- Obama shortens sentence of inmate from Cape (1/19/17)9
- Two subjects of interest in 1992 homicide to take polygraph tests (1/15/17)8
- Business notebook: Jackson salon owner also opens a clothing store (1/16/17)
- Area hospitals hope a box helps prevent infant deaths (1/19/17)6
- Cape SportsPlex contractor offers a look at the project (1/15/17)14
- Meat-processing plant faces $70K penalty for Clean Water Act violations (1/17/17)4
- Southeast to lose $3.5 million from state in budget cuts (1/18/17)21
- Local students to perform with choir at inauguration (1/19/17)3
- Subjects of interest in 1992 killing take polygraph tests; results not revealed (1/18/17)2
- Governor cuts $146 million, colleges take hit (1/17/17)
Urge legislators to support bill to protect fetuses
To the editor:
A summary of a Newsweek-Princeton Survey finds that 46 percent of Americans believe human life begins at fertilization, and 12 percent believe life begins when the embryo implants in the womb. Eighty-four percent believe homicide charges should be brought on behalf of a fetus killed in the womb, 28 percent would bring charges of homicide once the fetus is able to breath on its own outside of the womb, and only 9 percent believe that charges should never be allowed.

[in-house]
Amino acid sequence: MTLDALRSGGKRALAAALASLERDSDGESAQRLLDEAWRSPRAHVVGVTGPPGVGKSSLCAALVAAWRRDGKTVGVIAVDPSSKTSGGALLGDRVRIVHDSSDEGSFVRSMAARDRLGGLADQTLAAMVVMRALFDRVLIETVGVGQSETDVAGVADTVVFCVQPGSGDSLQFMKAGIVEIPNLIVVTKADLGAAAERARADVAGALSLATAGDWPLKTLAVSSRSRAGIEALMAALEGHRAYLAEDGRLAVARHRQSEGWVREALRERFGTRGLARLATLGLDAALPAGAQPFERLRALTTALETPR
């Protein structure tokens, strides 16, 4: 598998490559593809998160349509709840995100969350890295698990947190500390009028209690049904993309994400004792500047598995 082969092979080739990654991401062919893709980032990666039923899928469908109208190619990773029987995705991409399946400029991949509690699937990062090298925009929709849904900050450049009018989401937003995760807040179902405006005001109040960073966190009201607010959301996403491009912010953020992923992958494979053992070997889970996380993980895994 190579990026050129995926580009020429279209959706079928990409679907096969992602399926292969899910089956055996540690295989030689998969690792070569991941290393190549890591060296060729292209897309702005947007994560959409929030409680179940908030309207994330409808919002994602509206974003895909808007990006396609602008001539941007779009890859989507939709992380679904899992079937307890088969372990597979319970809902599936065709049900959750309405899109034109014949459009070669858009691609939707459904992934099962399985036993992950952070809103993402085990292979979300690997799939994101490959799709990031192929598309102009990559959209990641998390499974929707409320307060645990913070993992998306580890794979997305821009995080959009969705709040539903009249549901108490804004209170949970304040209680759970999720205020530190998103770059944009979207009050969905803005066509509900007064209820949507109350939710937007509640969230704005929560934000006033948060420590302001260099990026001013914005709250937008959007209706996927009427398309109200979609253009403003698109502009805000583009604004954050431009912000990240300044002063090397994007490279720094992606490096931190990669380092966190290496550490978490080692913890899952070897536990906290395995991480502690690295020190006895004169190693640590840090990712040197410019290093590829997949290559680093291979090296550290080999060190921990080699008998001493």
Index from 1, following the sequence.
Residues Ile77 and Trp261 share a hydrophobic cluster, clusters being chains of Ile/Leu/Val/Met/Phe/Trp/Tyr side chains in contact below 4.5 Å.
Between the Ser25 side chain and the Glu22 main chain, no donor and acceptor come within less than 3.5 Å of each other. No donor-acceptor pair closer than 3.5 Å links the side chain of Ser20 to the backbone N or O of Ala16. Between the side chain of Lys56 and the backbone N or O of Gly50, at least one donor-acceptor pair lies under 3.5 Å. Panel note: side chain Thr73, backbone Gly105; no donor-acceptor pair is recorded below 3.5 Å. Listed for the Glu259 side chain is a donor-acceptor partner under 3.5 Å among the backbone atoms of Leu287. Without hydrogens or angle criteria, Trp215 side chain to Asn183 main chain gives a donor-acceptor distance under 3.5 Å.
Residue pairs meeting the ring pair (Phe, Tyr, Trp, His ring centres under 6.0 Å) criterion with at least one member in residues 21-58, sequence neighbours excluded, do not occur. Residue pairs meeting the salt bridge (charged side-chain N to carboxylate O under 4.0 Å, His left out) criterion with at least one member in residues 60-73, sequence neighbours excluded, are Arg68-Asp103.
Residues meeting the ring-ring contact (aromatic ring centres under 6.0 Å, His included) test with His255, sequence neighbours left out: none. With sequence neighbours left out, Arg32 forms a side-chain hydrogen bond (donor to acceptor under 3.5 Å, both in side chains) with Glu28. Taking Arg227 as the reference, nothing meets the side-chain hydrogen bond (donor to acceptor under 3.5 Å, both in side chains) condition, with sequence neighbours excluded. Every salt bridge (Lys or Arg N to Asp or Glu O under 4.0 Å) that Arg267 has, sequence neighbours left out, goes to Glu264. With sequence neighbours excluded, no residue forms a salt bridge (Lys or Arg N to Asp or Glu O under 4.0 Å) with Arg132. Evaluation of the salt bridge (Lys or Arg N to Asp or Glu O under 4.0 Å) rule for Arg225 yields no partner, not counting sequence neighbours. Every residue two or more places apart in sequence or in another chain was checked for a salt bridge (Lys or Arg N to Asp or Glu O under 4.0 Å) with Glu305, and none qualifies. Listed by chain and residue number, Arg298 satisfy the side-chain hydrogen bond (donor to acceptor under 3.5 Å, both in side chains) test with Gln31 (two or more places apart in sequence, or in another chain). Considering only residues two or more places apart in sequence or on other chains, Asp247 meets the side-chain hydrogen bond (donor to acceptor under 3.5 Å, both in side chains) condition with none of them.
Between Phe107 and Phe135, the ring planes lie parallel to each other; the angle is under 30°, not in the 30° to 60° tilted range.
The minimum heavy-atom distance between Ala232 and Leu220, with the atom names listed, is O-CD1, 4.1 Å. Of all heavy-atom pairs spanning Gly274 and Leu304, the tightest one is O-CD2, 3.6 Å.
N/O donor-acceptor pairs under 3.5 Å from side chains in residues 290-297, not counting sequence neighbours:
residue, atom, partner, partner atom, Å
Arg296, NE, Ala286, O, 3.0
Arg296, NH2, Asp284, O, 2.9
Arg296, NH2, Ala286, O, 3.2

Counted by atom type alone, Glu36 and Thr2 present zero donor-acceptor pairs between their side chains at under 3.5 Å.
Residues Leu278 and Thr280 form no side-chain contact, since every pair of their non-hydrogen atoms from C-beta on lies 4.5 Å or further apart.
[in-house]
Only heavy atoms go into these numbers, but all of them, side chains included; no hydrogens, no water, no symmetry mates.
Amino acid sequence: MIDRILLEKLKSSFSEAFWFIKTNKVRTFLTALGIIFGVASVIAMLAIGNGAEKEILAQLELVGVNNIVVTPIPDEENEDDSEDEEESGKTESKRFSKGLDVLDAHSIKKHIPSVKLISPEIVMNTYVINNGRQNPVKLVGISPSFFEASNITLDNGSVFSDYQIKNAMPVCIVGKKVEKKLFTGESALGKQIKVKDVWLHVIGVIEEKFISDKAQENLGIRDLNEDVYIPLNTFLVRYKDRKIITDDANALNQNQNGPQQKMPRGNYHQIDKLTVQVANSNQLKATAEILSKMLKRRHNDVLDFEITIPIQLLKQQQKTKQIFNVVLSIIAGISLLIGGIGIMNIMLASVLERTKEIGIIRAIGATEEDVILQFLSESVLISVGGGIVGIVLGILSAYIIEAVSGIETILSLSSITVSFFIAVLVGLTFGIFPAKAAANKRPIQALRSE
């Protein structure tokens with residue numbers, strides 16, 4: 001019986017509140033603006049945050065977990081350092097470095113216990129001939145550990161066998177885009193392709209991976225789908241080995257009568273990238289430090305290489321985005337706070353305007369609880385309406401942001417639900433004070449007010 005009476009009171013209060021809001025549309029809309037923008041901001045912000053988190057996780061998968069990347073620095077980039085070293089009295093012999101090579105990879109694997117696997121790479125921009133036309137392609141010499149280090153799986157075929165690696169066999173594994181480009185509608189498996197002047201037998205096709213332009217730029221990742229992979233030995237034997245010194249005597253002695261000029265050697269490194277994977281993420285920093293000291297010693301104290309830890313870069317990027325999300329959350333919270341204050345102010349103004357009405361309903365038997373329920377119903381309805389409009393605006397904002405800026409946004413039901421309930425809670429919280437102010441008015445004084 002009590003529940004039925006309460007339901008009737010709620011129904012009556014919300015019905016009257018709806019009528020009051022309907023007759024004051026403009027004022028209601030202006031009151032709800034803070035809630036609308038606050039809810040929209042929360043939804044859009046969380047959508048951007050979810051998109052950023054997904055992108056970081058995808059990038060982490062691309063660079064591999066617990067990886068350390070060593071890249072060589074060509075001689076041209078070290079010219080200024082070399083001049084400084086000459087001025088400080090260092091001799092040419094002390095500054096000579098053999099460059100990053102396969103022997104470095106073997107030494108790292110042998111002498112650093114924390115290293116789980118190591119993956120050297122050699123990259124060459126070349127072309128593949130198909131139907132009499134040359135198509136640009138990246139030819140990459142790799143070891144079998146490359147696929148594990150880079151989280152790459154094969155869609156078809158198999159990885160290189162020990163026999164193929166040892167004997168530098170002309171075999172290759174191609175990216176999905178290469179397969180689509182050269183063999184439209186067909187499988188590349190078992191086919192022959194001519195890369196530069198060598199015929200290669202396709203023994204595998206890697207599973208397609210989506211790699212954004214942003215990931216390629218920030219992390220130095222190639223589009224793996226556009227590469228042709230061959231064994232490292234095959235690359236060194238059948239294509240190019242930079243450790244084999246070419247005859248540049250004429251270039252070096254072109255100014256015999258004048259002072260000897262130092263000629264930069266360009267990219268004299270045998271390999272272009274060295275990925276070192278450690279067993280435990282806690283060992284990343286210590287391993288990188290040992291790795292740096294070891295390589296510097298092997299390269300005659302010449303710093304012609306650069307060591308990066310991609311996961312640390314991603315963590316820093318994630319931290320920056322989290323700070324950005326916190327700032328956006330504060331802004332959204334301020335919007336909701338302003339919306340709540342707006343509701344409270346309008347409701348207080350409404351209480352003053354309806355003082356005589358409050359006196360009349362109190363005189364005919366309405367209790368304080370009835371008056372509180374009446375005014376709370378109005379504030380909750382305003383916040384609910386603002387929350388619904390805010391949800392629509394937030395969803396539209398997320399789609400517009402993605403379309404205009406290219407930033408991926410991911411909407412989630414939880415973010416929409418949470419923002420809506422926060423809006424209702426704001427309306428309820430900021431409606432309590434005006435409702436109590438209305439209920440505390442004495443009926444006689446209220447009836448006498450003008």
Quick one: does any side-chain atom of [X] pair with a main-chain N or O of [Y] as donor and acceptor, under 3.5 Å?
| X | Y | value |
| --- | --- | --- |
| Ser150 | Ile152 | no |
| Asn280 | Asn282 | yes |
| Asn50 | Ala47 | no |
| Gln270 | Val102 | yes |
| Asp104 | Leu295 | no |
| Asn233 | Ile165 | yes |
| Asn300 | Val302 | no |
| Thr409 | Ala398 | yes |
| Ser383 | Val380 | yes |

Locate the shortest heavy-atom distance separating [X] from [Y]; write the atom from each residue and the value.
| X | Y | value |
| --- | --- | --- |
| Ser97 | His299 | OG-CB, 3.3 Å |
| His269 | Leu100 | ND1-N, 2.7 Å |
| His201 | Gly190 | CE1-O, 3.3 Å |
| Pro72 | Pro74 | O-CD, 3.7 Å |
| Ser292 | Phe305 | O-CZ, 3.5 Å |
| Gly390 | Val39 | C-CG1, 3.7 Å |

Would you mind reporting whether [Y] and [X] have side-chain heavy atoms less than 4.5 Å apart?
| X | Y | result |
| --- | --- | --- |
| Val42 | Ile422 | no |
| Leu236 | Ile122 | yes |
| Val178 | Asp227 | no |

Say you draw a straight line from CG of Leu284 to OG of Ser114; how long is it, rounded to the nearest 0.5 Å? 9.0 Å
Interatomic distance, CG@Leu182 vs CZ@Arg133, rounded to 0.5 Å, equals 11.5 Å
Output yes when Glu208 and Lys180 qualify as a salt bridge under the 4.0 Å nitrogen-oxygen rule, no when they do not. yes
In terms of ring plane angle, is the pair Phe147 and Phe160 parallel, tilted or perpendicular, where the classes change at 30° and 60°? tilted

This poll is pertinent to the planned Senate debate on the Unborn Victims of Violence Act, a bill that would recognize the two-victim principle in federal crimes of violence. The majority of citizens believe that an unborn child can be a victim at any point during prenatal development. The position that pro-abortion groups demand is that the law must never recognize an unborn child as a crime victim. Only 9 percent of those polled agree with the pro-abortion people.
If you are one of the 84 percent who believe unborn children should be protected from violent crimes, please contact your legislators in Washington and ask them to vote yes for the Unborn Victims of Violence Act. Election time is near, your opinions are always important, especially near election cycles.
CHRISTINE E. STEPHENS